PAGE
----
Phishing Exploit Pinches 60 NFTs From Top Collector 

Victim Publishes Hacker's Wallet to Retrieve Looted Works

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The perpetrators of a sophisticated hack have stolen more than 60 NFTs from noted collector Arthur Cheong, the founder of DeFiance Capital. Works from the valuable CloneX and Azuki collections were among those lost to the attackers.

“Received a spear-phishing email that really seems to be sent by one of our portco with content that seems like general industry-relevant content,” Cheong tweeted on March 22, referring to a portfolio company. “Was being careless on this one since it comes from 2 seemingly legitimate sources.” 

Malicious

Cheong fired back by publicly posted the hacker’s wallet address so that it can be blacklisted. However, many of the tokens have already been sold to unsuspecting collectors.

DeFiance Capital is a leading investor in the web3 space, having backed top protocols including Aave, dYdX, and Lido, and major networks such as Solana, Terra, and Avalanche. It also supports blockchain gaming and metaverse projects.

A longtime crypto investor, Cheong said that after opening the file it looked like a normal PDF document. His antivirus software failed to identify the files as being malicious. According to blockchain security firm PeckShield, the stolen tokens were sold for a whopping 233 Wrapped Ether (roughly $700,000). Fortune magazine estimated the looted NFTs to be worth $1.7M.

‘Believe It!’ How a Manga-Loving Geek Exposed the Scam Targeting Naruto NFTs

The exploit comes at a time when attacks on crypto projects are becoming increasingly complex. Earlier this year, a copyright fraud case emerged in which perpetrators tricked unsuspecting would-be entrepreneurs to launch an NFT platform for the popular manga Naruto.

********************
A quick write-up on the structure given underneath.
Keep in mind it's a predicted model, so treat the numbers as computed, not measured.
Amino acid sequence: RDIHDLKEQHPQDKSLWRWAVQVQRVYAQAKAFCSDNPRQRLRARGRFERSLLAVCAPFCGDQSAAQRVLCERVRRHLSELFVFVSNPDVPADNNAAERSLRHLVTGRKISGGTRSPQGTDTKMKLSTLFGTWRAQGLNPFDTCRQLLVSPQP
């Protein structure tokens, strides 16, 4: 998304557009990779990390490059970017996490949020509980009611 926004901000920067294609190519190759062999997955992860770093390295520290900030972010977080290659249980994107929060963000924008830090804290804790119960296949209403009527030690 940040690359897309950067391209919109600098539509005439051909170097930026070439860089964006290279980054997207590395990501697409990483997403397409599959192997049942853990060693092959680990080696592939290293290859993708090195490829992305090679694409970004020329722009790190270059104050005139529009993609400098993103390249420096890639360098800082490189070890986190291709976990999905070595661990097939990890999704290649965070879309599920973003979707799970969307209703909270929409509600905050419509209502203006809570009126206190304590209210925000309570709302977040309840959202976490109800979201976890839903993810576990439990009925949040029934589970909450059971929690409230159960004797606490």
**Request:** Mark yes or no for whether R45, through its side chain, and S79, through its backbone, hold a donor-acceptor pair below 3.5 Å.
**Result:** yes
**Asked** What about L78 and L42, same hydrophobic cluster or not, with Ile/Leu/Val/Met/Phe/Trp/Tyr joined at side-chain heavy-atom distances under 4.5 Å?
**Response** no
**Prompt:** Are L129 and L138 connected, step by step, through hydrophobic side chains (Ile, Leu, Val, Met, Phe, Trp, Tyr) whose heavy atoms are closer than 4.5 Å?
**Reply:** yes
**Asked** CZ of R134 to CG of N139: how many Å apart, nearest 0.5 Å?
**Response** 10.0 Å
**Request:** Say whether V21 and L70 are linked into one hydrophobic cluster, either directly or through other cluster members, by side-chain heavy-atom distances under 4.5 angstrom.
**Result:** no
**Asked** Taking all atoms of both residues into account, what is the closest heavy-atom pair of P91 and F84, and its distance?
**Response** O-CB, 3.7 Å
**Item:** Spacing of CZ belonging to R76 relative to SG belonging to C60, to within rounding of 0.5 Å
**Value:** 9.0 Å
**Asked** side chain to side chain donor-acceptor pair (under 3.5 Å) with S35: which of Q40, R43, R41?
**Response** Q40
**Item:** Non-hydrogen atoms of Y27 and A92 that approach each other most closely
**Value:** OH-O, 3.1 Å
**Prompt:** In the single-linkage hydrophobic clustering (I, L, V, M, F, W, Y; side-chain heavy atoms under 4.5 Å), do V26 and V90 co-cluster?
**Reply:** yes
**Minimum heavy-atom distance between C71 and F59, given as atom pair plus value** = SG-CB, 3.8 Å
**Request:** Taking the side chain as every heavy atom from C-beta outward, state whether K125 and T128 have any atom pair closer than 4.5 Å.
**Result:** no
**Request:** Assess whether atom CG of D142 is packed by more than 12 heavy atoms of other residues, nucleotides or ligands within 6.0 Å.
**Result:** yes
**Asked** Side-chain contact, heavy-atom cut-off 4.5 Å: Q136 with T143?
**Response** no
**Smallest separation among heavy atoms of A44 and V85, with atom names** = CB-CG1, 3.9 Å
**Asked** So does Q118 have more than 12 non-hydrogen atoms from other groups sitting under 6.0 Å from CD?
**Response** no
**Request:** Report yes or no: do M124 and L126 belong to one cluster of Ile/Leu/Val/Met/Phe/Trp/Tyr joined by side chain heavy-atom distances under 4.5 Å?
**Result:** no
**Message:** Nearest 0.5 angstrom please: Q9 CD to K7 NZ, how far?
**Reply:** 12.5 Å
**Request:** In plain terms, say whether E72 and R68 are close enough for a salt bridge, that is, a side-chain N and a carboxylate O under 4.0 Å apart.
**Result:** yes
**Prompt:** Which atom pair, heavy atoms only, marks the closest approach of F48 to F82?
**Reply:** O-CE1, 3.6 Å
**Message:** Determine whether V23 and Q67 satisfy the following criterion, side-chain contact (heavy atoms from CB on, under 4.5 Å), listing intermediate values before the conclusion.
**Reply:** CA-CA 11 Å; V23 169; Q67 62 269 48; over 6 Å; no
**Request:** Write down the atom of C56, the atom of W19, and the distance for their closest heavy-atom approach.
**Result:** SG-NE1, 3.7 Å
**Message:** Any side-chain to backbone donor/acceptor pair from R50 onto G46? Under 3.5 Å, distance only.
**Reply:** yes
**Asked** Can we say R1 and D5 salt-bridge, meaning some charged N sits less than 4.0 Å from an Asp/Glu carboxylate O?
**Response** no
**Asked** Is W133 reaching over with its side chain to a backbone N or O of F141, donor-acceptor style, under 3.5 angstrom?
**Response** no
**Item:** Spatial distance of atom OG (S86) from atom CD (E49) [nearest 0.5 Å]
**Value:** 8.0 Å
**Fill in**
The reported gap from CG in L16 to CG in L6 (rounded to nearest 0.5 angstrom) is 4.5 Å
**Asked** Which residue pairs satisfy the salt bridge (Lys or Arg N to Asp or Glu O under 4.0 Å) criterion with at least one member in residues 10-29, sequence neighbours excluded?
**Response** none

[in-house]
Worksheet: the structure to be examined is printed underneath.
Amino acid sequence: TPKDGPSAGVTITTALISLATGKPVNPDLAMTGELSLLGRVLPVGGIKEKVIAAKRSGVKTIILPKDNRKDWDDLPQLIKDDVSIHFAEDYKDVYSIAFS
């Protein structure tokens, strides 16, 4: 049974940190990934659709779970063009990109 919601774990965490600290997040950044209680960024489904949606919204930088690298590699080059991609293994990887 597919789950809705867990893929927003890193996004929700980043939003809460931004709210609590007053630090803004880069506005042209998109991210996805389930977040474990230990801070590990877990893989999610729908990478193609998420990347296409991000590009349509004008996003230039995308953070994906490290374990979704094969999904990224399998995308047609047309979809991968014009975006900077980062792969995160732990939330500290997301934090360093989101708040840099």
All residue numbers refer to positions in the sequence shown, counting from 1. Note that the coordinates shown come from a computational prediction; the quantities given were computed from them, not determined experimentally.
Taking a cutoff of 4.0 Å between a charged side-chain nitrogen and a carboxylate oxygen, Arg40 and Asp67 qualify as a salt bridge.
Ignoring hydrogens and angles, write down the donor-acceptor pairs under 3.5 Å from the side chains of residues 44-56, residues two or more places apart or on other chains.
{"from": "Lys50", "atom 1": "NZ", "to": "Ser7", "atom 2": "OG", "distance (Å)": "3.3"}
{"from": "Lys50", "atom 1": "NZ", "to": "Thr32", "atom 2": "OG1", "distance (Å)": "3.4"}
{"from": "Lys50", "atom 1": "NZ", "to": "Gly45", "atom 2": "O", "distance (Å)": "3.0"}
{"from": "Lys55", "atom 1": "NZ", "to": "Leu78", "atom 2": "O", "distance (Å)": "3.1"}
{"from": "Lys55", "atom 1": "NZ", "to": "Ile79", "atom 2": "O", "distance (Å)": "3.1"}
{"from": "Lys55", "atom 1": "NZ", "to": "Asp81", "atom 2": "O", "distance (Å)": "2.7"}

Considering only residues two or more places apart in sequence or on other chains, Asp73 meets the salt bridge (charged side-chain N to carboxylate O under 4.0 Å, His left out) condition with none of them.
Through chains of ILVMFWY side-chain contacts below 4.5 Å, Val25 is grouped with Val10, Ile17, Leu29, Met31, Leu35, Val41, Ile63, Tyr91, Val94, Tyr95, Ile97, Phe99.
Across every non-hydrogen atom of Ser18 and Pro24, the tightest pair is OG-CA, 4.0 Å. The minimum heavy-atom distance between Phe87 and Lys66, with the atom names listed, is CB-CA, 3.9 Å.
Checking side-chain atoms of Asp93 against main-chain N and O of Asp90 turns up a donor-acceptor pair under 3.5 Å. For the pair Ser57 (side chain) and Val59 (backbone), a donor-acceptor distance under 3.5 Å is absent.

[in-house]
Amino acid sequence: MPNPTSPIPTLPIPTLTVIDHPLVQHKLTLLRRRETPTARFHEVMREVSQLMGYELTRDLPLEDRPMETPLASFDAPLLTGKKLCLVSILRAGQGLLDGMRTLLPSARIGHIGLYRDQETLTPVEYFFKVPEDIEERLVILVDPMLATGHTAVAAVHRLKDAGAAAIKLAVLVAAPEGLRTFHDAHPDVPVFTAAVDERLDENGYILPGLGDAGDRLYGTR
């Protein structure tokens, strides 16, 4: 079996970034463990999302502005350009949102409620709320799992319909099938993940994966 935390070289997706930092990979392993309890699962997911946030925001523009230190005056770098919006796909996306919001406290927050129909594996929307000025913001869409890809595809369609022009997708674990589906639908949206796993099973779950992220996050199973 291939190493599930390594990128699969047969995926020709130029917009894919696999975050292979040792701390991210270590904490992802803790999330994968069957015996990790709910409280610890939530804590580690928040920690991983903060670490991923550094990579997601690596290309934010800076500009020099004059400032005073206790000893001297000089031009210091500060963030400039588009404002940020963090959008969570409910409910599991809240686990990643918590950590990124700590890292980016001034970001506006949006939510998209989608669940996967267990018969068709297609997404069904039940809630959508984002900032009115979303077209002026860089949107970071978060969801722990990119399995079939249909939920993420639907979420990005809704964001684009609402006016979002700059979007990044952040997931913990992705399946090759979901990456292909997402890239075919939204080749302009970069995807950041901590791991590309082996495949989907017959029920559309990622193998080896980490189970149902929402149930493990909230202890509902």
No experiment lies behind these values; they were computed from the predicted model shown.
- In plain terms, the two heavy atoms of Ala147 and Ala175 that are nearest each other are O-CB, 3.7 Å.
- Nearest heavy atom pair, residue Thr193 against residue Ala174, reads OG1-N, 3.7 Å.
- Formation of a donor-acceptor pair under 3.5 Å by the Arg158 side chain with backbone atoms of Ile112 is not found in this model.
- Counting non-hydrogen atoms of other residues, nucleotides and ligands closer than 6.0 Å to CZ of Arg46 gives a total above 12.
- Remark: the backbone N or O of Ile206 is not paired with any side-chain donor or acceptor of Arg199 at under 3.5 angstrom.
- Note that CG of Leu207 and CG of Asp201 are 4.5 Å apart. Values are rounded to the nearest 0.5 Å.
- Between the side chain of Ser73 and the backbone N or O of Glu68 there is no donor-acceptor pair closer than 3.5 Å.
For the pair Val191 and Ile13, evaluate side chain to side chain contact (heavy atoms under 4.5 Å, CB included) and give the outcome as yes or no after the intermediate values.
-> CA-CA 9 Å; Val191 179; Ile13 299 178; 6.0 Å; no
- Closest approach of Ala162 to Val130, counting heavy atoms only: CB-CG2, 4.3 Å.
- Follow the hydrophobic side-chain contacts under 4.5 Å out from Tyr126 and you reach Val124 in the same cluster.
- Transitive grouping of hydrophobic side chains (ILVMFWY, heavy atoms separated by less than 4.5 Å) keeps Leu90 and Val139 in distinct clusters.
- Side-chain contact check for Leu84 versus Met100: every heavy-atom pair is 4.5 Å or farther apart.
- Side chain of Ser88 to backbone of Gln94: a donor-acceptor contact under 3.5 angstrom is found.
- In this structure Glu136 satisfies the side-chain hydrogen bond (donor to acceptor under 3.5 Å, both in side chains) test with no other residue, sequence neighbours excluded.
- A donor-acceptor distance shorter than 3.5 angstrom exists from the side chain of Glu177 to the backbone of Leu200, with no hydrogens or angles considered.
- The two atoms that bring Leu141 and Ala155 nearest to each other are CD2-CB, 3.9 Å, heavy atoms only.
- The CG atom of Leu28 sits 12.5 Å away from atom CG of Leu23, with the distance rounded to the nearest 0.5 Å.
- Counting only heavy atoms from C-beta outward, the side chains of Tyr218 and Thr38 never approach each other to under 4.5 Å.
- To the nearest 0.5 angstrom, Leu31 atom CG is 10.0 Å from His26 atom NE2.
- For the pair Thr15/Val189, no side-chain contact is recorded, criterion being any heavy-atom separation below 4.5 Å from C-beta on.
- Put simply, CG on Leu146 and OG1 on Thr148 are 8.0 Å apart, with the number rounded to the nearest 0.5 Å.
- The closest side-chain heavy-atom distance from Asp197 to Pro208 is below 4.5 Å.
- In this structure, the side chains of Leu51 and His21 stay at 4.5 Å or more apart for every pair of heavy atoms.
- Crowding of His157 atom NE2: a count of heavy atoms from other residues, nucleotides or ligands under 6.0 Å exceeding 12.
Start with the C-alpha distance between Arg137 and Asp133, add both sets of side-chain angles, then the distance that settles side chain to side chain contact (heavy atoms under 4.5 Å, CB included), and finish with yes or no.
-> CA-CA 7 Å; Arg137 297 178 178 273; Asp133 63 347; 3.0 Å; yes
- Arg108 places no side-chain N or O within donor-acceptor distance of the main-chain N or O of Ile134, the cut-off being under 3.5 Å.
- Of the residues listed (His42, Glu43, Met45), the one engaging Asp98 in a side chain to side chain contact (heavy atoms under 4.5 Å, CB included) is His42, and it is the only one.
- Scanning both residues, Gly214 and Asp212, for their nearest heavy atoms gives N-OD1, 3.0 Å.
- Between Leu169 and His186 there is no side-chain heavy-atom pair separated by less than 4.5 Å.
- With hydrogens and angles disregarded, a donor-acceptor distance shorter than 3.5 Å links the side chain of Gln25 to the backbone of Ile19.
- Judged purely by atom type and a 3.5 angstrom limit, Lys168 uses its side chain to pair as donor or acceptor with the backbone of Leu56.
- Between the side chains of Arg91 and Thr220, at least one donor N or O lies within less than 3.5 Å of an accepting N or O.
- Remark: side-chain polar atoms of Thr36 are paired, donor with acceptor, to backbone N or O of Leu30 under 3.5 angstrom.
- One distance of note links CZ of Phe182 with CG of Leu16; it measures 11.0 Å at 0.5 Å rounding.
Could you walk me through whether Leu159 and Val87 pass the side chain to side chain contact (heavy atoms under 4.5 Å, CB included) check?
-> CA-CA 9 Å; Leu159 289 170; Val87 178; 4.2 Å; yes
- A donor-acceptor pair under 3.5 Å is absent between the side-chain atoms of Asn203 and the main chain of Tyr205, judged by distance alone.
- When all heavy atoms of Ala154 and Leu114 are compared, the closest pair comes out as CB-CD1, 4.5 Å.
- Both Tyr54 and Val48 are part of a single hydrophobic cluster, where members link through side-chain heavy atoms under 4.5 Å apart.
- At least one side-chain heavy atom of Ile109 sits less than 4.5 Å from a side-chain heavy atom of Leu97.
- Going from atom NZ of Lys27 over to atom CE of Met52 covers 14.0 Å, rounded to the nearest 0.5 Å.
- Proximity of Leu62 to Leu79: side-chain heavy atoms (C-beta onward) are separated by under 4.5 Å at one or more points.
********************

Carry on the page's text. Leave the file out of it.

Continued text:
In this instance it was an well-tested scam at work: phishing. That’s when hackers forward a malicious link or file that allows them to take control over their victim’s computer, accounts, or wallet after it is opened. 

Hot Wallet

In Cheong’s case, the attacker disguised the malicious file to appear as though he’d received a word document from a company in DeFiance Capital’s portfolio. Cheong says he was careful with his security practices and used a hardware wallet tied to a PC until recently becoming a more active NFT trader. “Hot wallet on mobile phone is indeed not safe enough,” he added.

It didn’t matter. Cheong tweeted that the thieves were also accessed a second hot wallet on his PC unconnected to a hardware wallet. The two affected wallets do not share the same seed phrases. The incident serves as a warning to all crypto users to maintain robust security practices.

Cheong told The Defiant that he lost “60+ NFTs” in the attack. Among the most valuable were tokens from the CloneX and Azuki — the fifth and eighth most valuable NFT collections with respective floor prices of 14.3 ETH and 12.36 ETH, in addition to Hedgied — which currently boasts a floor price of 0.64 ETH.  

The investor has since requested that any buyers of the stolen NFTs hold on to the tokens. “I will contact you all when I get my stuff sorted,” he added.

Cheong also commented that he has reasons to believe that incident was part of a broader “organized” campaign targeting “big name” players in the crypto ecosystem with fake Docx files, including trading firm, Mgnr, lending protocol, bZx, and Nexus Mutual founder, Hugh Karp.

Blockchain Forensics

The rise of decentralized finance has also ushered an increase in cryptocurrency thefts. Blockchain forensics firm Chainalysis estimates that $3.2B was lost to cryptocurrency thefts in 2021, an annual increase of 516%. The firm estimates that 72% of the funds stolen by hackers were taken from DeFi protocols.  

“DeFi is one of the most exciting areas of the wider cryptocurrency ecosystem, presenting huge opportunities to entrepreneurs and cryptocurrency users alike,” Chainalysis wrote in its 2021 Crypto Crime report. “But DeFi is unlikely to realize its full potential if the same decentralization that makes it so dynamic also allows for widespread scamming and theft.”

Note: DeFiance Capital is an investor in The Defiant.

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